Ice Cream Wizard

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Anthony Sobotik has mastered the fine art of ice cream that’s delicious, honest and locally sourced.

In late October, after Lick Ice Creams had been open for a week, a woman who had just tried the shop’s cilantro lime ice cream characterized the flavor as “Austin during the summer at Barton Springs.” Another customer uttered a phrase that began with the word “holy” followed by a universally understood four-letter exclamation. Drawn in at first by the flavors, some of which are unorthodox—roasted beet and mint or goat cheese, honey and thyme—many patrons can’t believe that they’re also eating ice cream that’s sourced locally and free of artificial flavors.

The laudatory words have been music to the ears of Texas native Anthony Sobotik, whose devotion to local “honest” ice cream (light cream and fresh, organic produce with no additives, preservatives or high fructose corn syrup) has been the driving passion of his life for quite some time. The fact that the community is coming around to his way of thinking and getting inspired to view the beloved frozen dessert in a new way is the proverbial cherry on top.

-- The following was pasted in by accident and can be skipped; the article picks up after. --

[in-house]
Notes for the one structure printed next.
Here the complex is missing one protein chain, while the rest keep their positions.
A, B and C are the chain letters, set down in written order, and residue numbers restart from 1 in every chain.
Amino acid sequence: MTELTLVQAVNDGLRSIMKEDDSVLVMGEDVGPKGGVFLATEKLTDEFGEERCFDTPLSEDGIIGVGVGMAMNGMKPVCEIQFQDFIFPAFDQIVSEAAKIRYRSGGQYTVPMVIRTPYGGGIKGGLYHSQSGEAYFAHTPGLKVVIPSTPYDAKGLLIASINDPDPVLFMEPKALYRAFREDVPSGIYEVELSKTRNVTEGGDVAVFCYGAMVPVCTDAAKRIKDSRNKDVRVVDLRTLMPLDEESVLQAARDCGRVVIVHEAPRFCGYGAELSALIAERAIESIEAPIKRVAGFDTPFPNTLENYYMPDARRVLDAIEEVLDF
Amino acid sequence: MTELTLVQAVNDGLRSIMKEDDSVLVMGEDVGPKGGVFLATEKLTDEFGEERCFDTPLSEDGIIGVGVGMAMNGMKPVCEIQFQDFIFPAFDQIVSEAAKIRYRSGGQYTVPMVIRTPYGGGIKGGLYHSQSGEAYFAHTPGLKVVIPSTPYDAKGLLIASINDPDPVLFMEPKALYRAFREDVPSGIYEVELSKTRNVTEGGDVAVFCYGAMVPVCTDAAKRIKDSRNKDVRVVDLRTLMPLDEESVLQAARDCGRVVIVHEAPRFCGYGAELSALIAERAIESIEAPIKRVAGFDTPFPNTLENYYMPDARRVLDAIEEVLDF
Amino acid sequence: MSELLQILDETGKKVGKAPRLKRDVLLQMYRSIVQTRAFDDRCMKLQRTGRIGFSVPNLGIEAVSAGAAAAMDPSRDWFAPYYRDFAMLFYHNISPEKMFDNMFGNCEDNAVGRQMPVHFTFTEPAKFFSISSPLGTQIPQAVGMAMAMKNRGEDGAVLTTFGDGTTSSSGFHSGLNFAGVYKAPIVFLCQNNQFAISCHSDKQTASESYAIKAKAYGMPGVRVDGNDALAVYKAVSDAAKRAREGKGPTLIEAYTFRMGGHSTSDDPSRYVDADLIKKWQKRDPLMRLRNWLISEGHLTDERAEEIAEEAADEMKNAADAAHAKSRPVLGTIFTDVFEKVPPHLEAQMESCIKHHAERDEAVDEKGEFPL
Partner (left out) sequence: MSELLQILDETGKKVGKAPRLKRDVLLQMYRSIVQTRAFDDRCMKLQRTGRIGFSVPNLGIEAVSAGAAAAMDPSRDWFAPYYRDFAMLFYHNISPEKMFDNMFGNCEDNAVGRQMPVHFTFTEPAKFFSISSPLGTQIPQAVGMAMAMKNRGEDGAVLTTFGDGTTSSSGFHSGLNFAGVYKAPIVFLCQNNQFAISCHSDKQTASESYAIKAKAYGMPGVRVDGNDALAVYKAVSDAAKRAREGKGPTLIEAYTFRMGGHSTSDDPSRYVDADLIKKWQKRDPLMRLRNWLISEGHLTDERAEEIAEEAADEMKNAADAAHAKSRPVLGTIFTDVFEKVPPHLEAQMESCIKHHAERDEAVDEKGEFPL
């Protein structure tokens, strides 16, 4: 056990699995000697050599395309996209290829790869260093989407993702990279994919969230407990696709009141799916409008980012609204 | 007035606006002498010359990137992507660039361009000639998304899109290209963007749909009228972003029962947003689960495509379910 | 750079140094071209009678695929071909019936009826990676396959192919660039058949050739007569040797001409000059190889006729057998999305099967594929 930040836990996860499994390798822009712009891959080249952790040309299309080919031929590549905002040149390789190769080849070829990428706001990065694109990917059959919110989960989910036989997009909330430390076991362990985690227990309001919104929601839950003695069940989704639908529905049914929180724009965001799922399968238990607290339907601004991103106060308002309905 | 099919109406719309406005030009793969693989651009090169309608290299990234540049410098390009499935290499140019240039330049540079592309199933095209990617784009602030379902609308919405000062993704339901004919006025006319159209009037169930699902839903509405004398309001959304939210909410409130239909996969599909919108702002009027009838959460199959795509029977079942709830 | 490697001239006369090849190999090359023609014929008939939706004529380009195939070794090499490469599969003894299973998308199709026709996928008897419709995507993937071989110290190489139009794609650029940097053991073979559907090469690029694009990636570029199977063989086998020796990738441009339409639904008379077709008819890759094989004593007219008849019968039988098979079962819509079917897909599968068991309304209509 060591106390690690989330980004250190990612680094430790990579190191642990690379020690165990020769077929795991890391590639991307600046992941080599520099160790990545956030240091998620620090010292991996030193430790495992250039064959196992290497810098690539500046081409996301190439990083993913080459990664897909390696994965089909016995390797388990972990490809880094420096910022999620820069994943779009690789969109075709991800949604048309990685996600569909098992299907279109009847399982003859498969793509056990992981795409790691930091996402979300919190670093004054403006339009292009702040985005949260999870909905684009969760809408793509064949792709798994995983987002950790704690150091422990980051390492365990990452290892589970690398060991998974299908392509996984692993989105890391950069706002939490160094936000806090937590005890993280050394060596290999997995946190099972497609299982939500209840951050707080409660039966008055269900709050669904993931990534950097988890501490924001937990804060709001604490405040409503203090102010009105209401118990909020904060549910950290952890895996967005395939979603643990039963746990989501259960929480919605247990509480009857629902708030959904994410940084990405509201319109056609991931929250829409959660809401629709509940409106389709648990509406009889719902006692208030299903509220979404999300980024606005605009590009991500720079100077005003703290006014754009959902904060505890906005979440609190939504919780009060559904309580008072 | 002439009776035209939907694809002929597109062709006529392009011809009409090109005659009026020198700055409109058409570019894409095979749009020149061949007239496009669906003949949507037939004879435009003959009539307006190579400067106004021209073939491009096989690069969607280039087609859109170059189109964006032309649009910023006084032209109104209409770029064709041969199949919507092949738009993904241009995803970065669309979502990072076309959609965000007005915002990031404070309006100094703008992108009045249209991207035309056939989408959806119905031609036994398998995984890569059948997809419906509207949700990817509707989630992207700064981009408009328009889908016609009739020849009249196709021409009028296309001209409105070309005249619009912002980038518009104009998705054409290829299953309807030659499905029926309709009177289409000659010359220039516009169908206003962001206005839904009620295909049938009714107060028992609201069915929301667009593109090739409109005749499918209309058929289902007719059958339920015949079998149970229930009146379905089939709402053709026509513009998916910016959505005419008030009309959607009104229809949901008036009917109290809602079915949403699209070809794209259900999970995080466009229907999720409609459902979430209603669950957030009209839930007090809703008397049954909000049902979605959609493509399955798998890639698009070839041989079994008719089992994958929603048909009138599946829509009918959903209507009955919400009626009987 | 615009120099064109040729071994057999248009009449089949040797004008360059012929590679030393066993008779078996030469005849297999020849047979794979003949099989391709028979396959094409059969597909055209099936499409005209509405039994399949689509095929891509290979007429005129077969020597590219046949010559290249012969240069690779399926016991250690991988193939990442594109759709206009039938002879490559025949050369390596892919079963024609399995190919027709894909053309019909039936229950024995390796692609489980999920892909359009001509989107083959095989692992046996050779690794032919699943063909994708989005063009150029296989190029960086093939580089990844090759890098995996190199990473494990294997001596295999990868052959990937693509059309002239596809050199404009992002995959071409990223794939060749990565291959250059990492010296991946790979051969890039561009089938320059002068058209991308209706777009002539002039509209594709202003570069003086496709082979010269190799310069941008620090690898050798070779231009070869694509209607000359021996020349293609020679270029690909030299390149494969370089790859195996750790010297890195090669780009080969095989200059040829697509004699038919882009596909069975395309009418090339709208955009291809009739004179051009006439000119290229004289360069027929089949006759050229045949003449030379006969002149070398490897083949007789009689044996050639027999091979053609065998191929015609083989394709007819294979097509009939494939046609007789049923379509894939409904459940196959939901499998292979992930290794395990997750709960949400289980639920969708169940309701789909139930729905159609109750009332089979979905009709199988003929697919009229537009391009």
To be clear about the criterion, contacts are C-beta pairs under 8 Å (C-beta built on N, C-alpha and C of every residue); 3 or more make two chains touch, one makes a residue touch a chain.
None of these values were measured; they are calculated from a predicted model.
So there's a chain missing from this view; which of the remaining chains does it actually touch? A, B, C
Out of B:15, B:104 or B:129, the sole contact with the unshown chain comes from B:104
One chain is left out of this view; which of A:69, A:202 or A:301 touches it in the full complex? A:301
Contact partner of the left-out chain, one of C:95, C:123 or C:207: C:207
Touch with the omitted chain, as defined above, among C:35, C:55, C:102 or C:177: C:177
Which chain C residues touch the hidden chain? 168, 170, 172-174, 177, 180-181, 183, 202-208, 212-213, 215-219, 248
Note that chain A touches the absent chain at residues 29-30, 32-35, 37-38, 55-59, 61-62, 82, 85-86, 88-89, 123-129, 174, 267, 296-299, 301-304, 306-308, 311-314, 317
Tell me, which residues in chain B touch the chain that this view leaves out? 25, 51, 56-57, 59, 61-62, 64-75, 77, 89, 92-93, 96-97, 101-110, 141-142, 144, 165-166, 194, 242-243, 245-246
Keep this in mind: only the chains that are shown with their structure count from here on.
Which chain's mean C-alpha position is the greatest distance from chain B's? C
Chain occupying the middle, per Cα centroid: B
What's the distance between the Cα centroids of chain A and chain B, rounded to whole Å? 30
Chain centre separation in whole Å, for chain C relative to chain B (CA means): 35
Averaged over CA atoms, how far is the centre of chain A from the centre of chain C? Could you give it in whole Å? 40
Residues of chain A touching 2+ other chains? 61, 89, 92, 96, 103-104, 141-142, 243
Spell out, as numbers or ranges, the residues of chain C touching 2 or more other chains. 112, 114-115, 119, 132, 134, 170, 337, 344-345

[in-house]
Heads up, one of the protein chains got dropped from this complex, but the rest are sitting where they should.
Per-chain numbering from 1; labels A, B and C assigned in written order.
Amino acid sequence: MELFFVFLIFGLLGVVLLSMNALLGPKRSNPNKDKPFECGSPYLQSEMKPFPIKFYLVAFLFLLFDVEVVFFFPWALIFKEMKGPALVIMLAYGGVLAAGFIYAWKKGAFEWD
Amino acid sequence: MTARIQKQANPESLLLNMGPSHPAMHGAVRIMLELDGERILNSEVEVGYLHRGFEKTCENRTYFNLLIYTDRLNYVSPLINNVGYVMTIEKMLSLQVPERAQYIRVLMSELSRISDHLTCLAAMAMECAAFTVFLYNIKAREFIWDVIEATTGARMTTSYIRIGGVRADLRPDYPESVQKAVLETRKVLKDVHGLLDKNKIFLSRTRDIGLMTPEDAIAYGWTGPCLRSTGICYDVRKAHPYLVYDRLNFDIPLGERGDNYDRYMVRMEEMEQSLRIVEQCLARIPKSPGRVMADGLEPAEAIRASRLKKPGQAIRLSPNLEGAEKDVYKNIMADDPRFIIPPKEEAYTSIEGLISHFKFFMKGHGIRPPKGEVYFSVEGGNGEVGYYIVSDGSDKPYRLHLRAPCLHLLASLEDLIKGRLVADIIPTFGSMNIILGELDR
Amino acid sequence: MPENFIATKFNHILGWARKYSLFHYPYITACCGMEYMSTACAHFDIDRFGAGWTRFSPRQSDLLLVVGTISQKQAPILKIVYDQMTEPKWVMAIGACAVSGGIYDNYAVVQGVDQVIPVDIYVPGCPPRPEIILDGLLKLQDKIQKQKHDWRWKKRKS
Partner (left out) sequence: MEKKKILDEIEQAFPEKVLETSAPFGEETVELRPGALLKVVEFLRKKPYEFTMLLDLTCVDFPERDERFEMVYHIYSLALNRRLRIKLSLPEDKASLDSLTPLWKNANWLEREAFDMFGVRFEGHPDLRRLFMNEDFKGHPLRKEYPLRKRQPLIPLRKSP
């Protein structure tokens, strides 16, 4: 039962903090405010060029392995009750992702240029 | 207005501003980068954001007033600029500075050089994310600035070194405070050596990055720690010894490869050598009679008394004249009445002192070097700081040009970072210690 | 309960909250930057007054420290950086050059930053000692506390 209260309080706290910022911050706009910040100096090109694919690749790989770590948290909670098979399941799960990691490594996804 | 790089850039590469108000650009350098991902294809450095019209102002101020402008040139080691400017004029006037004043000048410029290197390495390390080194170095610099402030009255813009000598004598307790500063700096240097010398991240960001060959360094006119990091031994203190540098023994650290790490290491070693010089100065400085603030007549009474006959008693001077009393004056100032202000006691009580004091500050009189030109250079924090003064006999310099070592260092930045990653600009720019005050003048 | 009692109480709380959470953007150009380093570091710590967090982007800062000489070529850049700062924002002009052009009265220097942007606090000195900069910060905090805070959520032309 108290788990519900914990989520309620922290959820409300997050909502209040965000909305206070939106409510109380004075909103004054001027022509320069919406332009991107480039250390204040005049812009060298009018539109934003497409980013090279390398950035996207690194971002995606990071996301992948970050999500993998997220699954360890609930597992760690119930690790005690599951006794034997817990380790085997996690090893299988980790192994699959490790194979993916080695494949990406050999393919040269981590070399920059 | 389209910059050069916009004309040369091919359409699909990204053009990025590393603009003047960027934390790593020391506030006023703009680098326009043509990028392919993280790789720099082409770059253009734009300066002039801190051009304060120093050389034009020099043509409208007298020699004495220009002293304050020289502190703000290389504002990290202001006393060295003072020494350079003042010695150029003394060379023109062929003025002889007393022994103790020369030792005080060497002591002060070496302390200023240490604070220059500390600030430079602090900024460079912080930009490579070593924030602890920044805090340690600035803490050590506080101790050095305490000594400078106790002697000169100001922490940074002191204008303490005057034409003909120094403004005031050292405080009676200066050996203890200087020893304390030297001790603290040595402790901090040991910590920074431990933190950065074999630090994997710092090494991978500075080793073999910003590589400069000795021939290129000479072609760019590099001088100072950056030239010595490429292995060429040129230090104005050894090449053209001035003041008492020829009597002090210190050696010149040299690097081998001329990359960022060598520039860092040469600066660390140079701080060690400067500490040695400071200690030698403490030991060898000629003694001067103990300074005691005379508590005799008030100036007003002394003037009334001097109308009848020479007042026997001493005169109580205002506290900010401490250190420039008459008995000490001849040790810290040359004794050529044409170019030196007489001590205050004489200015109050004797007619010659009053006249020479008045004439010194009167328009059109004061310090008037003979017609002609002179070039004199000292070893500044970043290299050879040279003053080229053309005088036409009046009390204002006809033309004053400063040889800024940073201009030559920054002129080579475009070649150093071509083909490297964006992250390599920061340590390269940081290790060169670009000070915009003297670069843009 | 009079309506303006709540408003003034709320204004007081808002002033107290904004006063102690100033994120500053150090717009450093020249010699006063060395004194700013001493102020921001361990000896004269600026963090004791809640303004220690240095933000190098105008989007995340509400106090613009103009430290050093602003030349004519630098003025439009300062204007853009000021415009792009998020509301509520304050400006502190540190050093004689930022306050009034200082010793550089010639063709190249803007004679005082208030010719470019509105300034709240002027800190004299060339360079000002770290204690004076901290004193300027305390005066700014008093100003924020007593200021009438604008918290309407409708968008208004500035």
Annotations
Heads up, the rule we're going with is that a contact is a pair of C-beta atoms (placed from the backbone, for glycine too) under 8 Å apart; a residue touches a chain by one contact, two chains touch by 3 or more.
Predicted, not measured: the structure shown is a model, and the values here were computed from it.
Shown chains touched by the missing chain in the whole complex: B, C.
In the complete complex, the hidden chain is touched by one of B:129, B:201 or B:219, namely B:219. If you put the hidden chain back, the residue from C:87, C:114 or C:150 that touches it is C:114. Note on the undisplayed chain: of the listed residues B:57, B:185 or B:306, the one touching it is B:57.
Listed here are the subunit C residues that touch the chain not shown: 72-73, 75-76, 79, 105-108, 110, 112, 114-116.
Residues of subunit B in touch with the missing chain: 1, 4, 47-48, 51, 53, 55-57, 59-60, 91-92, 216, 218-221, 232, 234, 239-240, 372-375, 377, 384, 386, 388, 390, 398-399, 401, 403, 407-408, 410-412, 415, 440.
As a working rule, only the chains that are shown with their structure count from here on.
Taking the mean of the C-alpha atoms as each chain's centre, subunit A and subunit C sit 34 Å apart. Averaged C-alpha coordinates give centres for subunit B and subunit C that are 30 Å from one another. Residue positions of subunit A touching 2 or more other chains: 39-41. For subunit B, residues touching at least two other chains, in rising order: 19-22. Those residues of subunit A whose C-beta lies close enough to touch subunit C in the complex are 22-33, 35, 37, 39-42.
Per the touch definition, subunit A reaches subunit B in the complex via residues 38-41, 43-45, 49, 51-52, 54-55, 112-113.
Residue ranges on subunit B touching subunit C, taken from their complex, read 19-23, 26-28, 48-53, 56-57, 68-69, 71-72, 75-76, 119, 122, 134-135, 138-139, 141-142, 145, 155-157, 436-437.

5Sobotik opened Lick with his partner in life and business, Chad Palmatier. Sobotik’s lifelong interest in baking and cooking, along with his seven years of culinary experience, combined with Palmatier’s upbringing in the Amish region of Pennsylvania, where quaint small- town scoop shops and dairy farms dot the landscape, have informed the quality of their young business.

If you stop into Lick on any day of the week or night, you’ll find both of them cheerfully explaining the specifics of each flavor (the shop carries 20 flavors, with roughly ten permanent ones and the rest rotating, based on seasonality and whatever holiday is being celebrated) and its origin or chatting about potential new flavors as customers patiently wait—the line stretched out the door in mid-January.

All new entrepreneurs will pour their heart and soul into their venture. Working 70 to 90 hours per week is very typical for Sobotik and Palmatier. Spending brief moments away from the shop still means talking and thinking about it. The amount of labor involved and the inherent bumps in the road are not surprising. Several friends and former colleagues cited Sobotik’s driven, hardworking attitude and persistence as the keys to his success. Even so, the two clearly enjoy what they do and are grateful for the community’s wholehearted embrace of their newfangled concept.